Democracy Now! correspondent
Egyptian police violently crushed a Sunday protest marking the anniversary of the 1948 establishment of Israel. At least 350 people were injured outside of the Israeli embassy in Cairo when police reportedly fired live ammunition, tear gas grenades and rubber bullets at the crowd. Meanwhile, former Egyptian president Hosni Mubarak is expected to plead for amnesty and apologize on state television for causing harm to the nation, saying he received faulty information from some of his advisers. We speak with Democracy Now! correspondent Sharif Abdel Kouddous, who is reporting in Cairo. [includes rush transcript]
AMY GOODMAN: In Egypt, at least 350 pro-Palestinian demonstrators were injured when Egyptian police violently crushed a protest outside the Israeli embassy in Cairo. Egyptian police reportedly fired live ammunition, tear gas grenades, rubber bullets at the crowd. The violence comes amidst a wave of protests sweeping the Arab world.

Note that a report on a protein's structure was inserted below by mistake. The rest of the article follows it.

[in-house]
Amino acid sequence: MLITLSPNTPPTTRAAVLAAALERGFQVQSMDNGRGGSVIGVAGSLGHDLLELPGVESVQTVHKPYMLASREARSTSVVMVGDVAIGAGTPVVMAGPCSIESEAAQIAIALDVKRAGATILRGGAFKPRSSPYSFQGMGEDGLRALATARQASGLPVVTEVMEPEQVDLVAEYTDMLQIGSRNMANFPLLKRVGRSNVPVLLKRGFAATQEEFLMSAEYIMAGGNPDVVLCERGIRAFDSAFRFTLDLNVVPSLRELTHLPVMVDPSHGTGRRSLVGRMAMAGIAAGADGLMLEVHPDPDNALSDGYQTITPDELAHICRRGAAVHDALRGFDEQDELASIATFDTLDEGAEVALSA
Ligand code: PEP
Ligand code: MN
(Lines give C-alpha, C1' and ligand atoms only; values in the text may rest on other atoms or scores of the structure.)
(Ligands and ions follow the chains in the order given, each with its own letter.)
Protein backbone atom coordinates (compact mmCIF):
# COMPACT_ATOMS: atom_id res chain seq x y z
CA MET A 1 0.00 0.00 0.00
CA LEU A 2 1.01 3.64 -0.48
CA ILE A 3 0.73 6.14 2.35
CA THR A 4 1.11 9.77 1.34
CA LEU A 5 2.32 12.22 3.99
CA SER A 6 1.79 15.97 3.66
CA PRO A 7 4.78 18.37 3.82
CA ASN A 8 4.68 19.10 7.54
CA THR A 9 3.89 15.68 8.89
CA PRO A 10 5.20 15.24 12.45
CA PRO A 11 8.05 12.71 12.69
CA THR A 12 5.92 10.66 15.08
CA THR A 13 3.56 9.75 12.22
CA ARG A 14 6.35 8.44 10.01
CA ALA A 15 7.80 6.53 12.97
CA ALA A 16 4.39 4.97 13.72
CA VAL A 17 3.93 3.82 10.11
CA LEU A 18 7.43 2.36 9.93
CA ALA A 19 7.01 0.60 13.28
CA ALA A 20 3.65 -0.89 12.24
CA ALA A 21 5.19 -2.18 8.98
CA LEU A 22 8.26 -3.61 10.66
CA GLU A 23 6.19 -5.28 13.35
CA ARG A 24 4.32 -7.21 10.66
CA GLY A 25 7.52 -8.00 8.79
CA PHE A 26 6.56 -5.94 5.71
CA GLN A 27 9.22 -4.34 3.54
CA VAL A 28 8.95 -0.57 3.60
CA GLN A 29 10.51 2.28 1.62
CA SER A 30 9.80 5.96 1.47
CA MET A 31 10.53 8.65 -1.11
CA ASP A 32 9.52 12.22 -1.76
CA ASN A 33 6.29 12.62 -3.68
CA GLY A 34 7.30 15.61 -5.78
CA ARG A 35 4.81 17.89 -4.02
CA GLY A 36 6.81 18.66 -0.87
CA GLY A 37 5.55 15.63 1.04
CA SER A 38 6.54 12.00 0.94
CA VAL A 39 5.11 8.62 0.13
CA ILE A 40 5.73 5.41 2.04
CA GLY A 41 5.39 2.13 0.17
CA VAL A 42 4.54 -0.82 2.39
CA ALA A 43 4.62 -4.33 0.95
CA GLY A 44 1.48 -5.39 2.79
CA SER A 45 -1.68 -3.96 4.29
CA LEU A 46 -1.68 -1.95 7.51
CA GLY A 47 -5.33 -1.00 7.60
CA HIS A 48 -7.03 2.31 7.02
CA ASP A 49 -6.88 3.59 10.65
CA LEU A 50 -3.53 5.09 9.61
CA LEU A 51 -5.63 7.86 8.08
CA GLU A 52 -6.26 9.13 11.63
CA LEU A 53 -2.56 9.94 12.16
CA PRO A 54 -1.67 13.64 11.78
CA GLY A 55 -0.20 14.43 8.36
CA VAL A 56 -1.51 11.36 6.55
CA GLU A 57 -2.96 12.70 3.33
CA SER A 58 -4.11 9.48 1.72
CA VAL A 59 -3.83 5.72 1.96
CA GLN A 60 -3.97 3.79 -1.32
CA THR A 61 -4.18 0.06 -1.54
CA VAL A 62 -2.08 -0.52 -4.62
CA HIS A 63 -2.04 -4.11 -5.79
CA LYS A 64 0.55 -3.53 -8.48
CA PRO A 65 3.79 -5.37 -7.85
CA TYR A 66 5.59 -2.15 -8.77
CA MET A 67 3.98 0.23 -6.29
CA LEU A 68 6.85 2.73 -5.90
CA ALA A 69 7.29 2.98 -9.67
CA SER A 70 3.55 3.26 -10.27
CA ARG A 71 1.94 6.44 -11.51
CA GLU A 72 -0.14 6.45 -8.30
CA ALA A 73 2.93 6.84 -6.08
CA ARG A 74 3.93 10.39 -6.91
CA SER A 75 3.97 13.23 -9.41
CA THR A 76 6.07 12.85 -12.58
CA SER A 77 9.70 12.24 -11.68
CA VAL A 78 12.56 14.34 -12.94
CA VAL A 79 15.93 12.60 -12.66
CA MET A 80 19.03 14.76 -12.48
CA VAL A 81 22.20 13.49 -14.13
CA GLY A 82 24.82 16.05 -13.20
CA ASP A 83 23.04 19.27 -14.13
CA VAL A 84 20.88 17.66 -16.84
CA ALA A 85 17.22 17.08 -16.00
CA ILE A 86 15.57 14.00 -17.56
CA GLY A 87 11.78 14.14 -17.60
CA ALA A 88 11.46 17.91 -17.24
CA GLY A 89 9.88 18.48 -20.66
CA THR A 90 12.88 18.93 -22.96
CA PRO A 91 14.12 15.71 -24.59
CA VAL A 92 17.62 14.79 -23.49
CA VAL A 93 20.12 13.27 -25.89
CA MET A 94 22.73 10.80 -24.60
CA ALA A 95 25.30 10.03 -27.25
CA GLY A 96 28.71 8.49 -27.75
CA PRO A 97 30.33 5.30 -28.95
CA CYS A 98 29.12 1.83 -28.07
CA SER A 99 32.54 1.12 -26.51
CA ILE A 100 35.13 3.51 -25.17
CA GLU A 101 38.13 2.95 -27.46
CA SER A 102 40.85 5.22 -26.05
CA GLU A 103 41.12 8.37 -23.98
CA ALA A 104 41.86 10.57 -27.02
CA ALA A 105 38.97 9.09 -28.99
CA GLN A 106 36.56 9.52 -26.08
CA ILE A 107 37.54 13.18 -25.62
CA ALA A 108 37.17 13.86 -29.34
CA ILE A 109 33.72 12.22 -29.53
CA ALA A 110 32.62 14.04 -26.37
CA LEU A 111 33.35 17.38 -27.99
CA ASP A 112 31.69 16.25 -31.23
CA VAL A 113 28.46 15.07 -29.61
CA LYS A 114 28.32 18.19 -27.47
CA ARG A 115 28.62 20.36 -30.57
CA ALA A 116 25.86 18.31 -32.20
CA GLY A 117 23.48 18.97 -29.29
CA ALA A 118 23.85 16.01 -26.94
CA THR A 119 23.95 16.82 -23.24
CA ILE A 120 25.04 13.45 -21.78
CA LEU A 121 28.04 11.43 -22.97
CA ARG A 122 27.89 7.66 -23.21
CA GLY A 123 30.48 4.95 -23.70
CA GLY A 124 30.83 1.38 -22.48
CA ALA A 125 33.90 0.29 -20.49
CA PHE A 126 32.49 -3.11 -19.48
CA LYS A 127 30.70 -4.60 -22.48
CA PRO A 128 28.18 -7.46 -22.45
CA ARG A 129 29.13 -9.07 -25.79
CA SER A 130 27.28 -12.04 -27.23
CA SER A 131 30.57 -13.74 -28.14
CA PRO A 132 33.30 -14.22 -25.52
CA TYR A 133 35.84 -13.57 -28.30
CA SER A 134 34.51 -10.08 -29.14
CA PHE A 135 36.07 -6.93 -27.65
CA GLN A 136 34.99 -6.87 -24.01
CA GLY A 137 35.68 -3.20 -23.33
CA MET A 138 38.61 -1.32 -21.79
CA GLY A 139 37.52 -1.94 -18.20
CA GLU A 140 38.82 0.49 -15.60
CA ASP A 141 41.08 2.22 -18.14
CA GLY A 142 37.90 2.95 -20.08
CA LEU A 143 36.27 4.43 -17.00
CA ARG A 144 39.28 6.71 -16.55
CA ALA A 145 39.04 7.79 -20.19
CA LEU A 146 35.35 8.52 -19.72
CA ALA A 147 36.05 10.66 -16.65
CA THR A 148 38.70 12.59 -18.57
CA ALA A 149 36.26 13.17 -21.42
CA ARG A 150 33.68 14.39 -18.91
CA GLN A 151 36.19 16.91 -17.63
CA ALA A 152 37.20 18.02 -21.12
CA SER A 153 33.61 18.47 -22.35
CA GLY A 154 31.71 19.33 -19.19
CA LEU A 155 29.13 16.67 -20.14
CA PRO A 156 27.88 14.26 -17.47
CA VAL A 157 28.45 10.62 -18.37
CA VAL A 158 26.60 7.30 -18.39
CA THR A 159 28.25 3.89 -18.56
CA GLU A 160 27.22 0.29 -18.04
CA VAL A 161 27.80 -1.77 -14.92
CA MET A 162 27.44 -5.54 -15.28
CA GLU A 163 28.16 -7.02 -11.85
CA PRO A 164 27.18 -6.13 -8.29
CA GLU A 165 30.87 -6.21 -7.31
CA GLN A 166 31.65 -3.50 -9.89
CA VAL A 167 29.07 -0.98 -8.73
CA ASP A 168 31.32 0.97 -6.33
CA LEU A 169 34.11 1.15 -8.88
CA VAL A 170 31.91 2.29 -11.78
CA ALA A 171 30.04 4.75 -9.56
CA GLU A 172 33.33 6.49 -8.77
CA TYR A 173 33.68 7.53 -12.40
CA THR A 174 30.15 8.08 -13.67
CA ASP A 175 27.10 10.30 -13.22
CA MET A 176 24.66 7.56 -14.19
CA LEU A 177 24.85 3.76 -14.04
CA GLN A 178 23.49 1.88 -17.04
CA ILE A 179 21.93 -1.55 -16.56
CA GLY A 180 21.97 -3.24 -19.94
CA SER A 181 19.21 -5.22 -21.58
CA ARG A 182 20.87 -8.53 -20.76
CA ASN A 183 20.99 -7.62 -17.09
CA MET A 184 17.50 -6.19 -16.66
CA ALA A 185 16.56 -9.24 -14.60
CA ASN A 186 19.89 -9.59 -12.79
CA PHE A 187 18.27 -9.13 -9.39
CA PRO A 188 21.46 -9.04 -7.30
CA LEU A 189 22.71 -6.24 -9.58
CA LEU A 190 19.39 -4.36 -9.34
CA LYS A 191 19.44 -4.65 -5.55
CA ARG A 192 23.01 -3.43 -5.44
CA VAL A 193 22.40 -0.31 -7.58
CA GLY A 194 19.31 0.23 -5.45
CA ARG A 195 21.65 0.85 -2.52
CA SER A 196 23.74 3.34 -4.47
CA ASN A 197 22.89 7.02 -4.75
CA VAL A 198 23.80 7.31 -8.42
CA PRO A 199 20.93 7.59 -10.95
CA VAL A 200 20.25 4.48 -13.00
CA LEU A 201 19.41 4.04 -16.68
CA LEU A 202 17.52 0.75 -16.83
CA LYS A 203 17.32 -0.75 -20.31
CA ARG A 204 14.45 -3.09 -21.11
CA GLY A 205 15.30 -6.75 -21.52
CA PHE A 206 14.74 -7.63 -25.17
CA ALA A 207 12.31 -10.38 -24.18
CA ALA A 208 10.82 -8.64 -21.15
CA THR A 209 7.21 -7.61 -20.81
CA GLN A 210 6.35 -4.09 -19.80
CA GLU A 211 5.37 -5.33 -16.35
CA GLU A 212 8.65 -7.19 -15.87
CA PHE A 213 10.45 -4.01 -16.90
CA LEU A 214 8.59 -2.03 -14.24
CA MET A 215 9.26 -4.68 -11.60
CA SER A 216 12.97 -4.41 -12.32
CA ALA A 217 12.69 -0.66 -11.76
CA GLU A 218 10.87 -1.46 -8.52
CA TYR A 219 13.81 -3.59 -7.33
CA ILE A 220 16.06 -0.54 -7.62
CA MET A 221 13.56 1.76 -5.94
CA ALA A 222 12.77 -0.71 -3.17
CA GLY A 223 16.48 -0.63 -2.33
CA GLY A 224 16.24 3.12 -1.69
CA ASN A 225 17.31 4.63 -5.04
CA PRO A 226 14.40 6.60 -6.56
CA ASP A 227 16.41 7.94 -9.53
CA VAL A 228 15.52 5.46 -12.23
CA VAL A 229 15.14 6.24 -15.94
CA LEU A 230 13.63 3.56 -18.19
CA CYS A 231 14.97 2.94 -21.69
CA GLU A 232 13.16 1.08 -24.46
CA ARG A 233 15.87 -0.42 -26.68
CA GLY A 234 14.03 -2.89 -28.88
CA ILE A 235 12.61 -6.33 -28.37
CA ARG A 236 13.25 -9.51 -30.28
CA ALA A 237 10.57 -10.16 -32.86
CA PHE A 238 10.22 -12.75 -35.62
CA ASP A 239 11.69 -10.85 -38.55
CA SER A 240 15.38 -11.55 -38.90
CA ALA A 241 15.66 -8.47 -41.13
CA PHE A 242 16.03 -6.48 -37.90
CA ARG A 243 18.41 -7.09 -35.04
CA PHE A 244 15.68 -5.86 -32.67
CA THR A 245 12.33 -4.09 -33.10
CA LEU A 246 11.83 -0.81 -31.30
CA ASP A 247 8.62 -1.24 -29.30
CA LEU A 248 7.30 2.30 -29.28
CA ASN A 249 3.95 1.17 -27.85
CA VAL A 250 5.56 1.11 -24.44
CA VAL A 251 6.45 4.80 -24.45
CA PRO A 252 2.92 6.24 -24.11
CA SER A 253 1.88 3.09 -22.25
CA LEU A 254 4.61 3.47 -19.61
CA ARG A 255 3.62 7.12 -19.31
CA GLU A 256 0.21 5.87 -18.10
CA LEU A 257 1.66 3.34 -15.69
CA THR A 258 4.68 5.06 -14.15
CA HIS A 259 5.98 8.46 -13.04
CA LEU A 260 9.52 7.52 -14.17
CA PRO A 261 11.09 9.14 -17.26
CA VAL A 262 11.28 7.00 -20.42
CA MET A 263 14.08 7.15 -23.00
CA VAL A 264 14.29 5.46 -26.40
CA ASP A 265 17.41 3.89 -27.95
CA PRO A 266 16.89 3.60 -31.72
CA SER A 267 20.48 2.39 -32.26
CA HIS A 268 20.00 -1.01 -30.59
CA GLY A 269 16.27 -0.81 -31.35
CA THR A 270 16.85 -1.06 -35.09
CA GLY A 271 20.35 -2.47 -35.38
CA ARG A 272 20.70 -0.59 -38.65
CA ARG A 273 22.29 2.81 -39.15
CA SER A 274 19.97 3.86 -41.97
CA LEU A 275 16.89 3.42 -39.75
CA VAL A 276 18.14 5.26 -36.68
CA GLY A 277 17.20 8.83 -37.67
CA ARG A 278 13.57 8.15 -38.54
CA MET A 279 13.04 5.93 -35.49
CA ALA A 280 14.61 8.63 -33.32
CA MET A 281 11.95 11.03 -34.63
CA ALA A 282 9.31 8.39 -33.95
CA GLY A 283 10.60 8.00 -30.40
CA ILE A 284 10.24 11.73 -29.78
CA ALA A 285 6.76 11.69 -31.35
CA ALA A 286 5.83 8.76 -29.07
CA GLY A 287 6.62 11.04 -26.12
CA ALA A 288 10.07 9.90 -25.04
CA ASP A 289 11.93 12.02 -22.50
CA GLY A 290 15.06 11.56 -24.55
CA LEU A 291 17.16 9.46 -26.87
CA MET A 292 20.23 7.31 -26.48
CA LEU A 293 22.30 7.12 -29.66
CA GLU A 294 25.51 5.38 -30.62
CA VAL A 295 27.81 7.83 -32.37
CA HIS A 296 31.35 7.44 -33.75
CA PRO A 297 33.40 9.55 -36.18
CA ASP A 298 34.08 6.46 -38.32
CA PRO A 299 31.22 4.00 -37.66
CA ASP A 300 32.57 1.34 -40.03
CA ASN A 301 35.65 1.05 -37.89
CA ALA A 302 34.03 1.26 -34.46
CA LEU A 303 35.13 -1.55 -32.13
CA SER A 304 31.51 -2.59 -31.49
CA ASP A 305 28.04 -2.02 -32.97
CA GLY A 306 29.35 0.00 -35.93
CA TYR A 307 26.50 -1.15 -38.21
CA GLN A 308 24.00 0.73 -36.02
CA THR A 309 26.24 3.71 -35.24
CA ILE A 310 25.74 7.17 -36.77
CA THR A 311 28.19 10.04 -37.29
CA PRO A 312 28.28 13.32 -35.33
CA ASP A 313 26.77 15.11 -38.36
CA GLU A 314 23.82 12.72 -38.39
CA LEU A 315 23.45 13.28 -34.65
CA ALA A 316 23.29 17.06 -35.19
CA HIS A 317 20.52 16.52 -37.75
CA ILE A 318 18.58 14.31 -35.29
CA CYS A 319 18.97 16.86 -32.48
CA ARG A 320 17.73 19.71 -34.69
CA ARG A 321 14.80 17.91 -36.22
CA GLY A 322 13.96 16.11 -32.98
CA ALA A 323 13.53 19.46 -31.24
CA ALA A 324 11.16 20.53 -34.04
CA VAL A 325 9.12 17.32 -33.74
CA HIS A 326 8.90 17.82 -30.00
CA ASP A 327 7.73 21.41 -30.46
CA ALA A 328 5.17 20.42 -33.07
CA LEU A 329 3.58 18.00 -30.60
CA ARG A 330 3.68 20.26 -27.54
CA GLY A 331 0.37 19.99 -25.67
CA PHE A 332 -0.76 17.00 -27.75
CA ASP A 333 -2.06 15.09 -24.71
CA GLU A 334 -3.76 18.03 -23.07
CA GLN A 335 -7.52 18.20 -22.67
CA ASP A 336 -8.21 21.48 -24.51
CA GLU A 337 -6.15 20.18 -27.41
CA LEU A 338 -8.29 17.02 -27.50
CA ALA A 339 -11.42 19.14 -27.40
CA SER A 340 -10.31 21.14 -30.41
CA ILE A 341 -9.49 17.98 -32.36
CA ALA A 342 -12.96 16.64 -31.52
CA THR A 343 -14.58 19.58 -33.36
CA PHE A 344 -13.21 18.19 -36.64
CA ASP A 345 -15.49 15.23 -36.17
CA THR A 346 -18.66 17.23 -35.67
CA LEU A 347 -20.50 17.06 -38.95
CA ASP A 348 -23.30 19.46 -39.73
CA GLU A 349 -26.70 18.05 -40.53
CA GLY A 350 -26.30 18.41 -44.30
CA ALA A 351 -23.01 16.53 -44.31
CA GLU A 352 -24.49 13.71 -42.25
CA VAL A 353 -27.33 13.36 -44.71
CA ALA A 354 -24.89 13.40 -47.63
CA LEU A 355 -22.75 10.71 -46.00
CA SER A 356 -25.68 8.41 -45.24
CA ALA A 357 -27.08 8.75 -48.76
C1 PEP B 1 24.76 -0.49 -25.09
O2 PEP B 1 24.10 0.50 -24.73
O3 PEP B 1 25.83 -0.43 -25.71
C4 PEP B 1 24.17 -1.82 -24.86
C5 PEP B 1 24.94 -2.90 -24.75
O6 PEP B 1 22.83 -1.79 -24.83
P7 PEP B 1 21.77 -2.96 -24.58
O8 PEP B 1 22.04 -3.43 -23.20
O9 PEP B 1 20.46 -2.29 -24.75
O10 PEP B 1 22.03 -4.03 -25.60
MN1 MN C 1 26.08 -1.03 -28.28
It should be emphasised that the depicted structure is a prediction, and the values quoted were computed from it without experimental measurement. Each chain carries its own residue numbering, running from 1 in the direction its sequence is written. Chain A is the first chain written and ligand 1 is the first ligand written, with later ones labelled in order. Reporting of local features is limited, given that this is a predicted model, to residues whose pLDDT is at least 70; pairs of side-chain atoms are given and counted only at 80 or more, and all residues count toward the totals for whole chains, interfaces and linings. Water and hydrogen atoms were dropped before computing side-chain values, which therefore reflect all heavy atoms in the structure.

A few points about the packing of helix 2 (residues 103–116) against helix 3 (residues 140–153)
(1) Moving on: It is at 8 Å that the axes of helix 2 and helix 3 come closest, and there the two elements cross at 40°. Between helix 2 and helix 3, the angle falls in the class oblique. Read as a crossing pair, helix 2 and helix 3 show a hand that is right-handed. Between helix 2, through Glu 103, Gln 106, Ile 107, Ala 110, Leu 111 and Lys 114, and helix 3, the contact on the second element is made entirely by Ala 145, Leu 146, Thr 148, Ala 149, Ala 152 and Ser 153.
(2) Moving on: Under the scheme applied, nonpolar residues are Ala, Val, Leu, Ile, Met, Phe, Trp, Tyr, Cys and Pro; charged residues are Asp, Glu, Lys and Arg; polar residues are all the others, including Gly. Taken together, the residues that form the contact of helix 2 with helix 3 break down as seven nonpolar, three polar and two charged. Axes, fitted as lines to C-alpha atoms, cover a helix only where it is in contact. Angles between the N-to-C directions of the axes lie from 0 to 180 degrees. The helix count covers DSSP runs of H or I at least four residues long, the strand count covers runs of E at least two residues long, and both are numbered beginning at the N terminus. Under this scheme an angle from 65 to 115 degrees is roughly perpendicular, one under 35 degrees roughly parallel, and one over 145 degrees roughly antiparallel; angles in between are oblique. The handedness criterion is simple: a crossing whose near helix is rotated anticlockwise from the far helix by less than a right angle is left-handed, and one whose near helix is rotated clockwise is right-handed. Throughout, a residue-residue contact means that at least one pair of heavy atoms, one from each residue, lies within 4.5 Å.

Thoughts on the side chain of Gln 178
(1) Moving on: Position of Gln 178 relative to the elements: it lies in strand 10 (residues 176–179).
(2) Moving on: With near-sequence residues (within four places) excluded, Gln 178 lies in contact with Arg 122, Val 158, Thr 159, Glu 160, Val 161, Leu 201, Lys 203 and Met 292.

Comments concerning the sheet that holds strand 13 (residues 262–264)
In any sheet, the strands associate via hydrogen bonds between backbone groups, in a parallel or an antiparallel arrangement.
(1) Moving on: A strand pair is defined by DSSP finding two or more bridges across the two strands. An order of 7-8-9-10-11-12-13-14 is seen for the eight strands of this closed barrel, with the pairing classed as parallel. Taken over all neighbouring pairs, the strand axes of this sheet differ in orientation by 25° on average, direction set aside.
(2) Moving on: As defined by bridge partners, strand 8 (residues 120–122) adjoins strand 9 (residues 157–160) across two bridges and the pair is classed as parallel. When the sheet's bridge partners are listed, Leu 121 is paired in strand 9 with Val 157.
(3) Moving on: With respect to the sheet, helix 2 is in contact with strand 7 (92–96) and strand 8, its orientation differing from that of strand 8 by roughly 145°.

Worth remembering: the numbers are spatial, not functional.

We’re joined by Democracy Now! correspondent Sharif Abdel Kouddous in Cairo. Can you describe what happened Sunday, Sharif?
SHARIF ABDEL KOUDDOUS: Well, Amy, let me just preface this with — that since the toppling of Mubarak on February 11th, 2011, we’ve seen some changes on the foreign policy front by the post-Mubarak transitional government. And earlier this month Egypt brokered a unity deal between Palestinian factions Hamas and Fatah. We also saw the former foreign minister, Nabil el-Araby, who’s become the new secretary general of the Arab League, promise to open the Rafah border crossing. This has yet to happen. Egypt, of course, has been complicit in the siege of Gaza for the last five years.